Gluten Free at the YHA

st-briavels-castleWe regularly spend Christmas self-catering at a youth hostel – there are just too many of us to fit in anyone’s house any more. Did you know you could hire an entire youth hostel?

Not all of them, and not all year, but there are some magnificent places to stay—we loved Eskdale—and if you’re a big group, it’s a reasonably cheap way to get together, as long as you’re not expecting 5* accommodation.

Plus the self-catering aspect makes it much easier to manage a combination of diets.

Of course, you can stay at a youth hostel as an individual, and self-catering is certainly an option. But if you were thinking about going catered, how well does a hostel cope with special diets?

Over the summer, coeliac daughter spent a week volunteering in a youth hostel, where she worked in a team of people she didn’t know (to start with) painting a mural for the walls – a timeline of St Briavel’s Castle.

It’s a lovely hostel, based in one of King John’s hunting lodges, and they coped magnificently with her special diet, providing her with delicious evening meals (including, apparently, a medieval banquet one evening), good breakfasts, and even a packed lunch each day including a gluten free sandwich in a box, made with the filling of her choice each day (you know how much we love sandwiches in a box) and a wrapped gluten free cake.

Her first text home at the end of the first day says:

“they have good gf here, sandwich, crisps, brownie, victoria cake for lunch, pasta and garlic bread for tea!”

Pasta and garlic bread… just like everybody else. That’s exactly what I want for her: to be able to eat something alongside others and for it not to be a big deal.

Yay for the staff at YHA St Briavels!

(image of St Briavels Castle is ©Bob Tinley and licensed for reuse under Creative Commons)

Pick of the Day: Allergy and Free From Show 2013

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We’ve been back from the Allergy and Free From Show in London for a while now, and have had time to mull over the various things we learnt, new things we tasted, and food we liked enough to bring home.

Sometimes, it’s a little like coming back from holiday with some kind of local gourmet treat, and finding that it just isn’t as good out of context… In other cases, you know that you’ve found a real treat, and will go out to hunt down more.

Whereas last year, I’d say the theme was cupcakes, this year it was definitely back to basics, but with a twist: pasta (especially fresh), and wraps. My poor coeliac tried so much of both that we didn’t need to find lunch.

The pasta that we really liked came from:

  • Dell’Ugo. Not so much the fresh chickpea pasta—they’d sent me some of this to try in advance, and if you’re missing wholewheat-style pasta, this is the one for you—but the fresh penne and tagliatelle. We thought these were very good, and although they are fresh, they’ll last for 35 days in the fridge, apparently. We will be buying this.
  • Asda’s fresh gluten free pasta deserves a mention too; again, we’d been sent some to try in advance, and it was also good. Sadly, we don’t have an Asda near us, but if you do, you should try it. (Asda are launching 95 new gluten free lines this summer. 95! Go check them out…)
  • Then I must mention Feel Free’s ravioli. We’ve been wanting a decent ravioli for ages, and here it was! This is a frozen meal, with meat and ricotta inside the ravioli, and will be available in Budgens and Londis. We bought some to bring home…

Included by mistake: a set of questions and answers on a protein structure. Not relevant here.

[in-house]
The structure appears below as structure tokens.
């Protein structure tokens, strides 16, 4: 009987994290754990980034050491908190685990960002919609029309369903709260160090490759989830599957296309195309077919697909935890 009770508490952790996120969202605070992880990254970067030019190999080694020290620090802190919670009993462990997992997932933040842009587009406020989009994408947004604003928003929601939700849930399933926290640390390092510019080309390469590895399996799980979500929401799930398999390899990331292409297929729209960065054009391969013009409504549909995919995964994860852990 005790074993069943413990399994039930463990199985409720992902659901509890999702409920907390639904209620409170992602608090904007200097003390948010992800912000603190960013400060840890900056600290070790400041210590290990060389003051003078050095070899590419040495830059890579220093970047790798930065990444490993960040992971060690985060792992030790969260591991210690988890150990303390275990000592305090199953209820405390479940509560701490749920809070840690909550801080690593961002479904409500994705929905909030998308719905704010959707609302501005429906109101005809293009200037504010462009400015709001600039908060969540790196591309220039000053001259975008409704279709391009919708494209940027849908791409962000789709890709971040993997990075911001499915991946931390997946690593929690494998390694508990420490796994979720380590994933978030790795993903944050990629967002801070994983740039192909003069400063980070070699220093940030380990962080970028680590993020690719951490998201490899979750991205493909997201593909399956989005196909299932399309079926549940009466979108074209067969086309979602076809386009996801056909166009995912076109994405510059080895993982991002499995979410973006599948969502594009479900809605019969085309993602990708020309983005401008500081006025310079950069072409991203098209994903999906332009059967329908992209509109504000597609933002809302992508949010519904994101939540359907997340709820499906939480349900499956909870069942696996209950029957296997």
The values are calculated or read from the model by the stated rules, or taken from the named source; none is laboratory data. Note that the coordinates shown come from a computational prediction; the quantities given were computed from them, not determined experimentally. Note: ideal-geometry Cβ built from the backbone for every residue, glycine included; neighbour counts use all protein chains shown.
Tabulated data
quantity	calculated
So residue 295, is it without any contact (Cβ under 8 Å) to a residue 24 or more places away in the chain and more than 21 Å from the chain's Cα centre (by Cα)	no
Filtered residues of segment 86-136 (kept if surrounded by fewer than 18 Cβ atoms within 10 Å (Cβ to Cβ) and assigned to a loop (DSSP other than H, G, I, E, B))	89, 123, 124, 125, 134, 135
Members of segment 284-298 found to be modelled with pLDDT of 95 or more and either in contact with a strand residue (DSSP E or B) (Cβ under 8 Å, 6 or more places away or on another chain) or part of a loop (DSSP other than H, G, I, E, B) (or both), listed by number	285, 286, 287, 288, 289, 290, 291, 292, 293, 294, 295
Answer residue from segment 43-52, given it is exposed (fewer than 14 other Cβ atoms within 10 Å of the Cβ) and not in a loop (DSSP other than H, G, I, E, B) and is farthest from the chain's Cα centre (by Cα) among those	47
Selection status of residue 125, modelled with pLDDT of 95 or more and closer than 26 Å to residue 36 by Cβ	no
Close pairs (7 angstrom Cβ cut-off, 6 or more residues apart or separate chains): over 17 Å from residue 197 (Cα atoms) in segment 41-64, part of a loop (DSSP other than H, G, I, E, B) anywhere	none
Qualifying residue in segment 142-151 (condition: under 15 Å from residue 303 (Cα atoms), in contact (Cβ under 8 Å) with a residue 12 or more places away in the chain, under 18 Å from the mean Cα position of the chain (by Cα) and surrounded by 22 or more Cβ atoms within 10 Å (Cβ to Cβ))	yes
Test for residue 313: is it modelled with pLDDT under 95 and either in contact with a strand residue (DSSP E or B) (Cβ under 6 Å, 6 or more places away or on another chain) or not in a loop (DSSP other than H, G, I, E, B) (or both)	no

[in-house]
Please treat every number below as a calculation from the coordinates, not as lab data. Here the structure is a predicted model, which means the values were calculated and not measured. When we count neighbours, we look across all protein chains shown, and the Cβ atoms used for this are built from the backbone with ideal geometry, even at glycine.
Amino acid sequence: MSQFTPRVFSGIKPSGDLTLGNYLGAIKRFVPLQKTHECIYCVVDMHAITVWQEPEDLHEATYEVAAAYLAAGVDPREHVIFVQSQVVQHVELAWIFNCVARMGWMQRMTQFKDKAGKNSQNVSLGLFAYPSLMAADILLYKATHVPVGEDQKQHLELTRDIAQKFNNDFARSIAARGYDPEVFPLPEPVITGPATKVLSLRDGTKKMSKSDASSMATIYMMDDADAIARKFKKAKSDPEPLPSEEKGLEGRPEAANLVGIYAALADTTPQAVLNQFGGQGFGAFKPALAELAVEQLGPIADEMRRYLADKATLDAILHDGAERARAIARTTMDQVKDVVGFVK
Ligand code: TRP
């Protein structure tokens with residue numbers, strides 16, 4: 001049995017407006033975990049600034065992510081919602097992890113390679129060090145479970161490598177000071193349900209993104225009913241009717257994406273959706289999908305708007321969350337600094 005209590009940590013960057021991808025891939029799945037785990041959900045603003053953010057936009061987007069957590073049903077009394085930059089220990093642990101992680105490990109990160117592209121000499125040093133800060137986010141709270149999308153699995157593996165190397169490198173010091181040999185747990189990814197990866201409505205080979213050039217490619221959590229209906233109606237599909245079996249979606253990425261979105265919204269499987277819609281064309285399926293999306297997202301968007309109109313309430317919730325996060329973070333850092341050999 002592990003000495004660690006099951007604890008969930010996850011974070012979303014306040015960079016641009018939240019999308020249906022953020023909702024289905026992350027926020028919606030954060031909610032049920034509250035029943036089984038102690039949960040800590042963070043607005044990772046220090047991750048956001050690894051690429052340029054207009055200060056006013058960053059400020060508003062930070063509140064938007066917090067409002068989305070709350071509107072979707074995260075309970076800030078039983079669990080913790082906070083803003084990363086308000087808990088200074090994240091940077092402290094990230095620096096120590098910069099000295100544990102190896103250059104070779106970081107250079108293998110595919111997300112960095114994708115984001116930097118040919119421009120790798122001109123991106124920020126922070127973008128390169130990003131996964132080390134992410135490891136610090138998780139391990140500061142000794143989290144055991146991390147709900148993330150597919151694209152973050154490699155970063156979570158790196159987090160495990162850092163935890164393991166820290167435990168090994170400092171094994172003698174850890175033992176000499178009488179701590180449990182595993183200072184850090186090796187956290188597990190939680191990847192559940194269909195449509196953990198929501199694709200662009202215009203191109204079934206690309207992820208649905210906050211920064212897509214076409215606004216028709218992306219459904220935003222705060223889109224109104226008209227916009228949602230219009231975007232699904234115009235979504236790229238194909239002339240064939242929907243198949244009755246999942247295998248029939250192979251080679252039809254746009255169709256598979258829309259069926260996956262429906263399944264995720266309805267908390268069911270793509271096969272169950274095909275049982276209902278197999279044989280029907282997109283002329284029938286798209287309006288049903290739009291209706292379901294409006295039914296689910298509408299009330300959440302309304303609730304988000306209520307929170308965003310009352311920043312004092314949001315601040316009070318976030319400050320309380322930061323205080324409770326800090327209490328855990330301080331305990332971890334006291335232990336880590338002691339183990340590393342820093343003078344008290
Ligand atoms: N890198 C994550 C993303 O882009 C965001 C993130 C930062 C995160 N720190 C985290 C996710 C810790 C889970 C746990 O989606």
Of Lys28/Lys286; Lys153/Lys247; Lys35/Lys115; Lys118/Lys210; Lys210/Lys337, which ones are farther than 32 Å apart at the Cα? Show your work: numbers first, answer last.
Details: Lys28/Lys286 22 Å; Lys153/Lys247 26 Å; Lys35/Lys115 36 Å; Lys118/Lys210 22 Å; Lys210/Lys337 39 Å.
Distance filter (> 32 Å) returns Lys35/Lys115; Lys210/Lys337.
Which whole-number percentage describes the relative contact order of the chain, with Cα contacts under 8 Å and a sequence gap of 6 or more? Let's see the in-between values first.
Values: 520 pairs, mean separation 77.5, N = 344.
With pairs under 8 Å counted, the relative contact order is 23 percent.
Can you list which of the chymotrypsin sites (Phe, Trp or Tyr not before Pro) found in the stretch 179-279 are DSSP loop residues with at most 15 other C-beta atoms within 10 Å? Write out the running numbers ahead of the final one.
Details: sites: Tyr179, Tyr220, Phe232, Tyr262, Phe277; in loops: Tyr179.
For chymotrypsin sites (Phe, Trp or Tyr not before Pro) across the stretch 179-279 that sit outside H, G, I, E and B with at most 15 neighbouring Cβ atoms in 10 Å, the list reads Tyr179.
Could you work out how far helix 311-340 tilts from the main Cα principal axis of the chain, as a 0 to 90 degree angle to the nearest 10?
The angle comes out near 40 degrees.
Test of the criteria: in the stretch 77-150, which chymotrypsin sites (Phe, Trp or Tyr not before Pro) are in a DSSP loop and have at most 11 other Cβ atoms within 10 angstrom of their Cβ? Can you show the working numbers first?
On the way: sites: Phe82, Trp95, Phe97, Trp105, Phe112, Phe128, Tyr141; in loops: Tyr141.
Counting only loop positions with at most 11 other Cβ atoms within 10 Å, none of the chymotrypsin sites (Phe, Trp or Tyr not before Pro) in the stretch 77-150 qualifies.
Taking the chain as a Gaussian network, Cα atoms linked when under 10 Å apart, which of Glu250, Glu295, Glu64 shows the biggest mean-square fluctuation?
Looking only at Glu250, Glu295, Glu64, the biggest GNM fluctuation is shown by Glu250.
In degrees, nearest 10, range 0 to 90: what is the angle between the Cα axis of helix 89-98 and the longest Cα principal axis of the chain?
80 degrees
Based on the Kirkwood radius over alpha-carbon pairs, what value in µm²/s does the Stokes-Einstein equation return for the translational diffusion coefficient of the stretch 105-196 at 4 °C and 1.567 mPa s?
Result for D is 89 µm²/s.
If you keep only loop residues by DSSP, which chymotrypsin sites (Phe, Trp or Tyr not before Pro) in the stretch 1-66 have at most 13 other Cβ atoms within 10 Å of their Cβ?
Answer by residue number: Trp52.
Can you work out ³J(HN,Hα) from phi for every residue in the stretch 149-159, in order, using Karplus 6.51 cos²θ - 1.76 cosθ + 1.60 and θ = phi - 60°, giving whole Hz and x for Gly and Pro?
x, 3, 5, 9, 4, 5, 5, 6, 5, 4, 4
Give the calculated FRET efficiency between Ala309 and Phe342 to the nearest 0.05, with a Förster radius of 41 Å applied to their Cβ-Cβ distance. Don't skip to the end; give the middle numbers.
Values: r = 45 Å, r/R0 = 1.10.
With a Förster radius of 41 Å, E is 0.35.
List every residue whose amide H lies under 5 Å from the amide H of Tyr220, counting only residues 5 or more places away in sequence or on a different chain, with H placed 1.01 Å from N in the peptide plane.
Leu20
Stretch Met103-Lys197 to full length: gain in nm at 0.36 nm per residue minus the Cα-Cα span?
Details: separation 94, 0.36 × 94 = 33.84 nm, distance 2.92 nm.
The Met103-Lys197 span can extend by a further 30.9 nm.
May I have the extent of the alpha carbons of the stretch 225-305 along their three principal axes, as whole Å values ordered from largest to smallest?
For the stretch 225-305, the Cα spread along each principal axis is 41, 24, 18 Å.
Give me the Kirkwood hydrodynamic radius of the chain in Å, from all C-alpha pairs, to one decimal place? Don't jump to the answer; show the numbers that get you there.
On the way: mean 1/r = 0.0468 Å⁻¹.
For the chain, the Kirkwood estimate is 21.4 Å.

• and Celi Good’s pasta pronto range (this would be useful for camping/expeditions etc – we bought some of this too)

There were a range of different wraps/flatbreads available. It’s as though manufacturers have suddenly worked out how to do it, so they’re all giving it a try… We liked (and bought) the chapatti from Free From Authentic Foods. BFree were cooking breakfast wraps, which our coeliac enjoyed (these will be in Asda and Ocado, and are probably there now).

Other products that we liked enough to carry home from London:

  • Delidivine’s sausage rolls
  • Sin chocolate brownie
  • Conscious dairy and gluten free raw chocolate (mint)
  • Sensa Glutine pizza bases sold by Bruschetta (a gluten free restaurant in Kingston)
  • ilumi’s ready meals in pouches – ideal for trips away, expeditions etc.

There were lots of new products being launched. I’ve mentioned Asda; Warburton‘s told us they would have new products out by the end of June (we’ve already found brown and seeded wraps!); Sainsbury’s will have new products on the shelves in September, including a chocolate log and gingerbread men.

So which products would we buy again?

Actually, all of the ones we brought home. We picked well!

If you didn’t get to London, do go to Liverpool (get your free tickets here). It’s well worth it. An extraordinary event, packed with great products – and, well, just packed. 21,000 visitors in London over the three days! It just shows how much people want good quality free from products.

Astonished by Tesco Finest

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Two days ago, I was in Tesco, doing a spot of reshelving. Well: moving the NOT gluten free Warburton wraps away from the gluten free section, leaving the new seeded gluten free wraps in place (have you tried these yet? Our coeliac likes the white ones and is now enjoying the seeded ones too).

I’m sure I’m not the only one who mutters about people leaving inappropriate foods on the gluten free shelves. Shoppers probably see empty shelves, and decide to jettison things they’ve changed their minds about there. I hope it’s not deliberate! I know that some people see deliberate rearrangement of supermarket goods as an art form, but I think it is highly risky – it’s too easy for consumers to be confused – as you’ll see.

Anyway, I was in Tesco again yesterday—oh the exciting life I lead—and was just about to set off on another reshelving adventure when I looked more closely at the packaging. Have you spotted the new feature?